If only all popular science articles were this good. The author here manages to accurately capture the state and uncertainties of heterochronic parabiosis research, which involves the transfer of blood between animals of different ages in search of factors that might be impacting tissue functions, either positively in youth or negatively in old age. From the results to date, I'd say that parabiosis is somewhat analogous in scope and likely impact to, say, research surrounding a class of drugs that modestly slow aging in mice. I'd not expect to see significantly better or worse advances in the treatment of aging resulting from this part of the field than from the development of mTOR inhibitors such as rapamycin. From my point of view it is an interesting area of science, but not the path ahead to rejuvenation.
Research into parabiosis can be technically challenging, and had more or less died out by the late 1970s. These days, though, it is back in the news - for a string of recent discoveries have suggested that previous generations of researchers were on to something. The blood of young animals, it seems, may be able to ameliorate at least some of the effects of ageing. In 2005, research joined the circulatory systems of mice aged between two and three months with members of the same strain that were 19-26 months old. That is roughly equivalent to hooking a 20-year-old human up to a septuagenarian. After five weeks, the researchers deliberately injured the older mice's muscles. Usually, old animals heal far less effectively from such injuries than young ones do. But these mice healed almost as well as a set of young control animals. The young blood had a similar effect on liver cells, too, doubling or tripling their proliferation rate in older animals.
Since then, a torrent of papers have shown matching improvements elsewhere in the body. No one has yet replicated the finding that young blood makes superannuated mice live longer. But it can help repair damaged spinal cords. It can encourage the formation of new neurons in mouse brains. It can help rejuvenate their pancreases. The walls of mouse hearts get thicker as the animals age; young blood can reverse that process as well. The effects work backwards, too. Old blood can impair neuron growth in young brains and decrepify youthful muscles. Finding out exactly what is happening is tricky. The working theory is that chemical signals in young blood are doing something to stem cells in older animals. Stem cells are special cells kept in reserve as means to repair and regrow damaged tissue. Like every other part of the body, they wear out as an animal ages. But something in the youngsters' blood seems to restore their ability to proliferate and encourages them to repair damage with the same vigour as those belonging to a younger animal would. In all probability, it is not one thing at all, but dozens or hundreds of hormones, signalling proteins and the like, working together. Researchers have been comparing the chemical composition of old and young blood, searching for those chemicals that show the biggest changes in level between the two.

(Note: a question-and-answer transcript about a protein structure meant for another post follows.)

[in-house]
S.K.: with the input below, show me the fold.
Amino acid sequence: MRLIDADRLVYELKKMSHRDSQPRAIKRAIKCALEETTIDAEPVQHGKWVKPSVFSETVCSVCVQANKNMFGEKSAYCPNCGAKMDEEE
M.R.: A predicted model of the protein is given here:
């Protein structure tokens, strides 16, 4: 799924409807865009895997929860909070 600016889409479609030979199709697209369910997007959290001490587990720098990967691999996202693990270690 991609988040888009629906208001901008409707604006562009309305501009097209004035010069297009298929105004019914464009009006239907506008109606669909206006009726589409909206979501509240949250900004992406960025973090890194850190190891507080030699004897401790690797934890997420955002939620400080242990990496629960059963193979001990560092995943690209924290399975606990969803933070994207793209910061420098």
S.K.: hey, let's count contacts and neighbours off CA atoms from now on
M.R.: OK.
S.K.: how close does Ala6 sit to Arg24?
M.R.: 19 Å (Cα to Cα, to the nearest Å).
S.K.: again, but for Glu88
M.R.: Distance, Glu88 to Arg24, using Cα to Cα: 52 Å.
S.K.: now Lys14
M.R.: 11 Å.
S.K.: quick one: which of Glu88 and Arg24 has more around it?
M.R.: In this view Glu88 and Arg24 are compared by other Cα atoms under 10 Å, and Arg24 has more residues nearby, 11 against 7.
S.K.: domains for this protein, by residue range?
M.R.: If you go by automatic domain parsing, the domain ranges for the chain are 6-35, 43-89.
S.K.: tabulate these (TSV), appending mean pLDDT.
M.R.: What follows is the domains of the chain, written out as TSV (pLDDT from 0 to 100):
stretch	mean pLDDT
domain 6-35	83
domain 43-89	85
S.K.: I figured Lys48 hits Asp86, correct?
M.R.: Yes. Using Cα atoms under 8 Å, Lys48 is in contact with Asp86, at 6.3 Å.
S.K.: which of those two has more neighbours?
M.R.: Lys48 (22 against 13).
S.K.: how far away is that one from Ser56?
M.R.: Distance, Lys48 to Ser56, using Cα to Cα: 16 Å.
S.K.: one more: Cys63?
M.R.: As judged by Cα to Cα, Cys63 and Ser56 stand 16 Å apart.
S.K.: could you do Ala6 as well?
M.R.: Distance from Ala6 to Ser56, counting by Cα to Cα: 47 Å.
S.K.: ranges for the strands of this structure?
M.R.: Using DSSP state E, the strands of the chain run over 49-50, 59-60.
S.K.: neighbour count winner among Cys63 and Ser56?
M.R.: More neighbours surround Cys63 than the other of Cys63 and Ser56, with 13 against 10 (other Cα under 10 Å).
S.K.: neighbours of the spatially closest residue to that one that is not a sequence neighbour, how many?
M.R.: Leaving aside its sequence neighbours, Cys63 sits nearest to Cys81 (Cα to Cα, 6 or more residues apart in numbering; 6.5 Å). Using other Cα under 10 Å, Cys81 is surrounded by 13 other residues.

Even with a list of targets, working out what is going on is hard. Blood is complicated stuff, and the tools available to analyse it are far from perfect. In 2014 a group suggested GDF-11 as a possible rejuvenating factor. The following year another team said that they were unable to replicate those results. They claimed the original test was sensitive to proteins besides GDF-11, messing up the results. The original team replied within months that, no, it was in fact the new test that was flawed, because it was itself picking up extra proteins. And there, at the moment, the matter stands. There are further possible explanations for parabiotic rejuvenation besides blood chemistry. One is that older animals may also benefit from having their blood scrubbed by young kidneys and livers, which mere blood transfusion would not offer. A 2016 paper described blood exchanges that were done in short bursts (thus eliminating the possibility of such scrubbing) and reported rejuvenating effects, but ones that were not as widespread as those obtained by full-on parabiosis. Another idea is that cells from the young animal, rather than chemicals in its blood, could be doing some of the work. The mechanisms by which parabiosis operates, then, are foggy.